Title: Stalker
Rating: 4.5/5
Genre: Sci-Fi, Mystery, Drama
Starring: Aleksandr Kaidanovsky, Anatoli Solonitsyn, Nikolai Grinko
Director: Andrei Tarkovsky
Language: Russian

Tarkovsky might be a name known to many, or it might just be the select few who have spent any deal of time exploring classic Sci-Fi films, but regardless of how well known he is, he is often praised of something of a 'Russian answer to Stanley Kubrick' with the infamous “Solaris” being his “2001.” But it's not Solaris that has drawn my initial attention but this overlooked work which I already know something about having played through the series of games that draws heavily from this piece, but if you're under the illusion that anything more than the environment is to feature here then remove that notion before you get too far. This is intelligent, philosophically thought provoking and superbly detailed in it's subtle suggestions. It's also over two and a half hours long and mostly filled with prolonged images of three balding Russian men walking through a field. Take from this what you will.

The tale follows the path taken by our Stalker as he leads a small group of people, to the infamous and semi-mythical place known only as 'The Room.' Deep in the heart of the Zone, a place that is rumoured to have been created by a meteorite but for all the talk of advanced alien technology the mystery of how it came to be is never unveiled, it promises to give anyone who enters their deepest and innermost wish in the near future, but approaching this miracle room is not a straight-forward affair. Indeed, you cannot simply walk on up to the room for the short journey is full of traps and pitfalls; invisible 'portals' that send you in circles, small isolated patches of violent wind and other more inherently dangerous traps that can only be imagined. It is for this reason that the Stalker is hired as a guide to carefully traverse the land he has come to learn and respect, giving the last chance of hope to those who have nothing left.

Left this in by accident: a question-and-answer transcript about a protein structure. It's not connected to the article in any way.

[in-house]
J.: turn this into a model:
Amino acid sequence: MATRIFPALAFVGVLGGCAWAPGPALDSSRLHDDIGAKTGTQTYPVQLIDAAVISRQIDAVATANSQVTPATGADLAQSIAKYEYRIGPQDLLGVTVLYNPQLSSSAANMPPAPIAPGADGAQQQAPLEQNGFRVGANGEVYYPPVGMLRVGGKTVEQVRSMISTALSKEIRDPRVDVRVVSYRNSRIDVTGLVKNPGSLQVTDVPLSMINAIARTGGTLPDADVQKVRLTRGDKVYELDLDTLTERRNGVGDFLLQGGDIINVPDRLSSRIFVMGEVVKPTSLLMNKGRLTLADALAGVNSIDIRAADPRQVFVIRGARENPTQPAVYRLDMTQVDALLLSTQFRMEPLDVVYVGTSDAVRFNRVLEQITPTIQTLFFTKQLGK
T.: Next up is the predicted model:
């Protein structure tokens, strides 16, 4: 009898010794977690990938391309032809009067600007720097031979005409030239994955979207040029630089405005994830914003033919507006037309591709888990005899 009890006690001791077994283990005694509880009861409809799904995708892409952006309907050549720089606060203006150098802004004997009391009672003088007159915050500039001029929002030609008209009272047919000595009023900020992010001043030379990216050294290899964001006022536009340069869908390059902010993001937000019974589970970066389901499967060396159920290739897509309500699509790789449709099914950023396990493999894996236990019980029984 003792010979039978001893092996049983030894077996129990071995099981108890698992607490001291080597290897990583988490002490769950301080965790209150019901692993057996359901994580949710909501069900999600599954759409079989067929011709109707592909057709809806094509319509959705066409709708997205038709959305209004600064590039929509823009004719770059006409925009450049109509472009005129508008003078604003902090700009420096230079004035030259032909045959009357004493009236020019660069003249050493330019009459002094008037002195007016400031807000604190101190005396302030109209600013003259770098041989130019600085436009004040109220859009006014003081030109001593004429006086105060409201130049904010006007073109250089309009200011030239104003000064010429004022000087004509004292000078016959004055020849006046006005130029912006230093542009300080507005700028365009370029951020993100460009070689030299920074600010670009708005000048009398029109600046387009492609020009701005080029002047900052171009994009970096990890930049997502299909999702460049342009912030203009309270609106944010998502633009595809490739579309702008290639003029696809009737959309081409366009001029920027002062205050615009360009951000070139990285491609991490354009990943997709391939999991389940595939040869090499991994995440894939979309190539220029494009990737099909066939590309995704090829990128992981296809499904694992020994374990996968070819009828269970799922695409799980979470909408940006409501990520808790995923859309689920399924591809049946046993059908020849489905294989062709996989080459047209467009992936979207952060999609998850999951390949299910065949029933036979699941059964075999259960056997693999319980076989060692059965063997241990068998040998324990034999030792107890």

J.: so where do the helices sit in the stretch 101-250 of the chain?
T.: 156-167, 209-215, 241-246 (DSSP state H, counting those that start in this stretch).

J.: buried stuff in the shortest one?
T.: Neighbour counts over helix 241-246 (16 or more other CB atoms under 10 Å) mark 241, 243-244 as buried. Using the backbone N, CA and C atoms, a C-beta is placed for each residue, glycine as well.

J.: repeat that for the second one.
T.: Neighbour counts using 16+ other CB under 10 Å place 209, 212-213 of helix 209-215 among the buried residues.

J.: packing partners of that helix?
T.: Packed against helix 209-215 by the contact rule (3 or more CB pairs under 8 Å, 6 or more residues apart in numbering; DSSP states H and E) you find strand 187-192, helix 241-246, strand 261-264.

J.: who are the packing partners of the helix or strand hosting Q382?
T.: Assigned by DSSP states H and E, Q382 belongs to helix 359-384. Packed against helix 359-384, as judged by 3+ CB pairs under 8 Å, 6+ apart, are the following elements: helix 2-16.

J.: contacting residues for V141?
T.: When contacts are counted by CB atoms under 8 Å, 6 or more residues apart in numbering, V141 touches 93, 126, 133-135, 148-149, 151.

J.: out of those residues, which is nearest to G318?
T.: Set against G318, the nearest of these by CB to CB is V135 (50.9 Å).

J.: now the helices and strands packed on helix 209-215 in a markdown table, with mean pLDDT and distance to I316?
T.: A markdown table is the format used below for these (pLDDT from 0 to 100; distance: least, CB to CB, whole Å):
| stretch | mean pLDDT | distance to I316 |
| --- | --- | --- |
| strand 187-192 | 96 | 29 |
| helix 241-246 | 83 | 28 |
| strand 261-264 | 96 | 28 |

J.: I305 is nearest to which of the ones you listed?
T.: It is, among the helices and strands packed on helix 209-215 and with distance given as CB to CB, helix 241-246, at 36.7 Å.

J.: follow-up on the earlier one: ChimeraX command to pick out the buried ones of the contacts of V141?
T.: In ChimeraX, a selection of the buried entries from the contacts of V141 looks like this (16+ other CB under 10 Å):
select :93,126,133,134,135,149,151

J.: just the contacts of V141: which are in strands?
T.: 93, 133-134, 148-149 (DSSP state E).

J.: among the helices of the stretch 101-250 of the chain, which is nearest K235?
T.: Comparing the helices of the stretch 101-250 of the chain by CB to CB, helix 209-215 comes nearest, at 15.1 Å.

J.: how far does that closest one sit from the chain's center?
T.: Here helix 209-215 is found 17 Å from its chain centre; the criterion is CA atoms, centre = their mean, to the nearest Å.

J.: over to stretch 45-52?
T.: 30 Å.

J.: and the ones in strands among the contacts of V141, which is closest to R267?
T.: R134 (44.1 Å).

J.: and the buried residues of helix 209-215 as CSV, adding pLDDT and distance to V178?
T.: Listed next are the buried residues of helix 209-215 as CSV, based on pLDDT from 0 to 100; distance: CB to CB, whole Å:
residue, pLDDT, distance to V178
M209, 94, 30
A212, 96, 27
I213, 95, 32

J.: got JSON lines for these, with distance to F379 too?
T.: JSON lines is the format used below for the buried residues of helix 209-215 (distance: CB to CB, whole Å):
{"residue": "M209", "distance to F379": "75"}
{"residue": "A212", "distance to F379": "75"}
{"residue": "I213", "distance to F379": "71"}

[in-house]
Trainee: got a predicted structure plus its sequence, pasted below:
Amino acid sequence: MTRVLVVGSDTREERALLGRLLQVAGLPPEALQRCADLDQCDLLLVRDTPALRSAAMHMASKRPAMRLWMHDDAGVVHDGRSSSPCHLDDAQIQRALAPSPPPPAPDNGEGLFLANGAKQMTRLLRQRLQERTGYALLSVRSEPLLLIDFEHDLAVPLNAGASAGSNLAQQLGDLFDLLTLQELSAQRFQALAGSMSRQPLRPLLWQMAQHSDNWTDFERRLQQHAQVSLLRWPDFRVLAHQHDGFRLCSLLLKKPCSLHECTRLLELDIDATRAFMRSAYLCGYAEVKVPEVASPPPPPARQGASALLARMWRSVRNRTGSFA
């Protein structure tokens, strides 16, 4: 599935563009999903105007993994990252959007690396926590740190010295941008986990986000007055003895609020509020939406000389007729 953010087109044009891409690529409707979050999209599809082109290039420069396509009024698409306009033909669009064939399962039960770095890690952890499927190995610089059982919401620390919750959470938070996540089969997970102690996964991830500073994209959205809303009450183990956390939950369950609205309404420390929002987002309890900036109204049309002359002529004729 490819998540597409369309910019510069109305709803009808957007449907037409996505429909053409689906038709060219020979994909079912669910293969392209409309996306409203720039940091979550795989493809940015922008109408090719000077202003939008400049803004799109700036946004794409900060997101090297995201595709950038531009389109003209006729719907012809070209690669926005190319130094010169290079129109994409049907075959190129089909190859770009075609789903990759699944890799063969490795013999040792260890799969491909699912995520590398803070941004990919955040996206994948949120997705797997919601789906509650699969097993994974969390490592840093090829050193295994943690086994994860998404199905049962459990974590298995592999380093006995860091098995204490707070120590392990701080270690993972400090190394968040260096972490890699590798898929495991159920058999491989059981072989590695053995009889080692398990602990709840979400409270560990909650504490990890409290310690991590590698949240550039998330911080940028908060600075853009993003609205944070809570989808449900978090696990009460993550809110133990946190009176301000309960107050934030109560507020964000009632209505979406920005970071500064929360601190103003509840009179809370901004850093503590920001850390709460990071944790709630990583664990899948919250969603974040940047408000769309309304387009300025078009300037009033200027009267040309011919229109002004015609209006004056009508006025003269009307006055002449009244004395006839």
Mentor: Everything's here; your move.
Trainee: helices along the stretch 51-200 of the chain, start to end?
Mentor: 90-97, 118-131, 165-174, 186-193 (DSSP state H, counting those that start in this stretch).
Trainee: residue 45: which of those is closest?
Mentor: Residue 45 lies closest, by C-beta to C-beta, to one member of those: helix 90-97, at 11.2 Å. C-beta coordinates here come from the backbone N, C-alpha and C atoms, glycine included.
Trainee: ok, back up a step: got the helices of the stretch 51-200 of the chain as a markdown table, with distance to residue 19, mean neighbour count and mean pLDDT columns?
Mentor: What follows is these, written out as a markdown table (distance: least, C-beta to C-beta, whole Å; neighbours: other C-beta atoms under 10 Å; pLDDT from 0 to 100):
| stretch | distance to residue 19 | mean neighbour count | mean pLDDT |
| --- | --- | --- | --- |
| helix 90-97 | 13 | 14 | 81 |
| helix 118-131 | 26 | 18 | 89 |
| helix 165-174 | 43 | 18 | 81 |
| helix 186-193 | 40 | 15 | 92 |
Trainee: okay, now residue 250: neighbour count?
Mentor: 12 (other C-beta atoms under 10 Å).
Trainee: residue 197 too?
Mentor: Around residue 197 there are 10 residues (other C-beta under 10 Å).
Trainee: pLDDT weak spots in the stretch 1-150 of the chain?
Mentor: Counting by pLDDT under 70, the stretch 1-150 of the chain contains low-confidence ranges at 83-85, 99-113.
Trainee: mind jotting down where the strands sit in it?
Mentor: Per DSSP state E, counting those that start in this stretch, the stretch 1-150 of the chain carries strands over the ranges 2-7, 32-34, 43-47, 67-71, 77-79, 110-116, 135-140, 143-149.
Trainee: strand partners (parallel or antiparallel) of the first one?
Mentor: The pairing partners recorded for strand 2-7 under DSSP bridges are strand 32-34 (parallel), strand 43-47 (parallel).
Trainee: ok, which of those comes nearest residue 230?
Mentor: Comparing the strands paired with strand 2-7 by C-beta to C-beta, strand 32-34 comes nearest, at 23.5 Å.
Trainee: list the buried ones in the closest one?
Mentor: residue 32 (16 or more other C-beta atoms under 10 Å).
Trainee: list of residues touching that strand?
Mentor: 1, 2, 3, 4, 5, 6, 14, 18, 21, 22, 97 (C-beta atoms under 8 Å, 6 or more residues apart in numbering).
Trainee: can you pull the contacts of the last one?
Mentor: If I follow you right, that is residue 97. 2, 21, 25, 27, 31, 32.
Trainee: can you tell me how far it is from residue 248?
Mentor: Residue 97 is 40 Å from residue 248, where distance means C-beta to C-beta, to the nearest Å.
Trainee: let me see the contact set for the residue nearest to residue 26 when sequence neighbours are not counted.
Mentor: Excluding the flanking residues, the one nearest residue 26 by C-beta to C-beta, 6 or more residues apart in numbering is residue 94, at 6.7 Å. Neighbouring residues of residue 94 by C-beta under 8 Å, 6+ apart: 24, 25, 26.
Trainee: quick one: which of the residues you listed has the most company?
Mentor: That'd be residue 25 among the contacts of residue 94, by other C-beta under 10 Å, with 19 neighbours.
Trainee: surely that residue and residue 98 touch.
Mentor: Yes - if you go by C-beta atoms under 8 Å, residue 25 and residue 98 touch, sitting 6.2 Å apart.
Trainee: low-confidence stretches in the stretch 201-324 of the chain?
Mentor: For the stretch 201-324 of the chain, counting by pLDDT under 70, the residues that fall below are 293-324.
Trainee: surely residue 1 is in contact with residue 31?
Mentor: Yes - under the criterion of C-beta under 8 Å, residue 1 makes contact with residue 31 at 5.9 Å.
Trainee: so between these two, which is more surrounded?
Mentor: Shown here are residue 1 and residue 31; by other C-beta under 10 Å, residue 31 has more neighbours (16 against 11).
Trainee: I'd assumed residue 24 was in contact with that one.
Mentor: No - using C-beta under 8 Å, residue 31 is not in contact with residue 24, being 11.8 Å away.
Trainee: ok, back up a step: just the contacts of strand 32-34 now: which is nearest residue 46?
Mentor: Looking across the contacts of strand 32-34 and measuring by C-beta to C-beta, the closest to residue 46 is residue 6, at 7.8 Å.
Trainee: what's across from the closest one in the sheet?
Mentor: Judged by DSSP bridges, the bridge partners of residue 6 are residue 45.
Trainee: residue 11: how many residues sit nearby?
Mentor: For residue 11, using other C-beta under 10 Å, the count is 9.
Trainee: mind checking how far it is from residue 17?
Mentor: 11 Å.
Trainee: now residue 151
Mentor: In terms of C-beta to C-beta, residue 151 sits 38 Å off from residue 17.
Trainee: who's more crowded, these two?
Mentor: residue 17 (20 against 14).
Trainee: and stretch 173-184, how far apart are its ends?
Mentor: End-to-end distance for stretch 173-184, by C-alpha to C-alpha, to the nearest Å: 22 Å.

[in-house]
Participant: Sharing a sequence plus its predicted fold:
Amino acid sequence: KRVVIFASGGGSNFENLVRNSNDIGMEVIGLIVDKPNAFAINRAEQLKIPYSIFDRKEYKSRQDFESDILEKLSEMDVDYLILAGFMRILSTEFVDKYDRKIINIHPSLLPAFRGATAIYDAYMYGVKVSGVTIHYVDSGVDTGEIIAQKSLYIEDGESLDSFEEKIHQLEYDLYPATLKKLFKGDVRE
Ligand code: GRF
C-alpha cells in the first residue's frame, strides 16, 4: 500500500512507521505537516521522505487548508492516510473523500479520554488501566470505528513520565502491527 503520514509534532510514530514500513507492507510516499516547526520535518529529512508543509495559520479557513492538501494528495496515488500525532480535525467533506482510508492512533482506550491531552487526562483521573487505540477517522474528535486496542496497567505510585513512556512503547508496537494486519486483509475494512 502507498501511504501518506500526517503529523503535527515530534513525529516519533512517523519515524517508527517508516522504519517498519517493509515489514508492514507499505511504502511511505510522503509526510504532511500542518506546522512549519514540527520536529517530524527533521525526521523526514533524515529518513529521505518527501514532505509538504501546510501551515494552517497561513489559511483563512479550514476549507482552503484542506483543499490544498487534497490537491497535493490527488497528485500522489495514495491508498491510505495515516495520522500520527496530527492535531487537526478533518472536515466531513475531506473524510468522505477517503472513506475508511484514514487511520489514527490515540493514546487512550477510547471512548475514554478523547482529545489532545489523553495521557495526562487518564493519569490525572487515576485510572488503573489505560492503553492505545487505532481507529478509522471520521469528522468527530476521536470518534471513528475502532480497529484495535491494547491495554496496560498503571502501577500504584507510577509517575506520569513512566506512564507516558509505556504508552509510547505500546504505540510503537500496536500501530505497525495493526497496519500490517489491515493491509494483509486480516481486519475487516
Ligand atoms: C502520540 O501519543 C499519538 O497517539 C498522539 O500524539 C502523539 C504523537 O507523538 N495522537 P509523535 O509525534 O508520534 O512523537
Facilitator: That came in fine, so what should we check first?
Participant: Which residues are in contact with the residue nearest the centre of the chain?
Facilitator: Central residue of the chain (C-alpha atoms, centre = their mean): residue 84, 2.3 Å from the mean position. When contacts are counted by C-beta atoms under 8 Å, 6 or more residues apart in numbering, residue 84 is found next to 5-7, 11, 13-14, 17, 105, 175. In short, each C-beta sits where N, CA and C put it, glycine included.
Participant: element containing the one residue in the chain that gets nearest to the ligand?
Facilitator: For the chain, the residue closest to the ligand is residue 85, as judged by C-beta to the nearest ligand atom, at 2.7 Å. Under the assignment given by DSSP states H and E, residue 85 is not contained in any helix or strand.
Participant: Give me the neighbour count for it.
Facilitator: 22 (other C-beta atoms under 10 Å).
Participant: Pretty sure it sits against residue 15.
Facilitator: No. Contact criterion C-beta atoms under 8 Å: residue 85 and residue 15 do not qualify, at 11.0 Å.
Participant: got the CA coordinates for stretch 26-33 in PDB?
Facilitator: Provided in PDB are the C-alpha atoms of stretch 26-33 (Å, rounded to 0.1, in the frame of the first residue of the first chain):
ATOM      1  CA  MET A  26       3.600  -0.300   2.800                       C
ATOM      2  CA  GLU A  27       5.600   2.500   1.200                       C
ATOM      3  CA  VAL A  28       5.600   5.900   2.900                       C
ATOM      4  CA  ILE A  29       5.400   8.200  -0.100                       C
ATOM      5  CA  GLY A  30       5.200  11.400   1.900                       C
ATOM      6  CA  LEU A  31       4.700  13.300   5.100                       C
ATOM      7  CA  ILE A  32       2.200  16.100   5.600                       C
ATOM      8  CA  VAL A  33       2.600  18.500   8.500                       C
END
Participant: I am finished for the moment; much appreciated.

It is through the eyes of these three characters that we get involved in the deep metaphysical philosophy; the nature of your inner desires and whether we genuinely know what we want to wish for, and even if we did, whether we would even have the foresight to realise that such a wish is unlikely to grant us happiness in the long term. It is, as the film describes, a place for the wretched with no hope. The long shots into the dead eyes of our main protagonist as he desperately seeks to help someone and prove his life has some form of worth, and he isn't the only one without any sense of hope. These three are already dead, and it's only the promise of The Room that gives them any incentive to continue on. The problems arise from just how long it spends in divulging these sequences; this is minimalist beyond minimalism, and with such an weight on the little dialogue that is spoken a lot of it becomes lost in translation. There is so much to be explored but instead it poses the question and lets the viewer ponder upon it themselves; there's no exploration of the questions posed within the film itself, and this is pretty disappointing.

That's nothing against the view of the actual backdrop itself, or the cinematography which for all its pacing issues is rarely short of impressive. The manner the decaying ruins surround them, the haunting feeling of a world that was once brimming with life but now reduced to the remnants of what people left behind in their fit to escape and leaving nature to return to its normal overgrown state, dominating over what once was. The same is true for the design of the traps, and whilst incredibly simple in its use of effects remains startlingly effective, one tunnel scene in particular somehow fabricating tension out of thin air. It's simply the pacing that becomes overwhelming. At least 2/3rds of the film is not spent furthering the story at all, but showing us long rolling footage of their surroundings. There are in fact a very small number of shots and you can spend minutes doing nothing but rolling past a decrepit river or watching a man lying in the grass. I can understand the necessity for maintaining the immersion and respect that he wanted to leave plenty of room to interpret events and appearances, but at times this just becomes pretentious.


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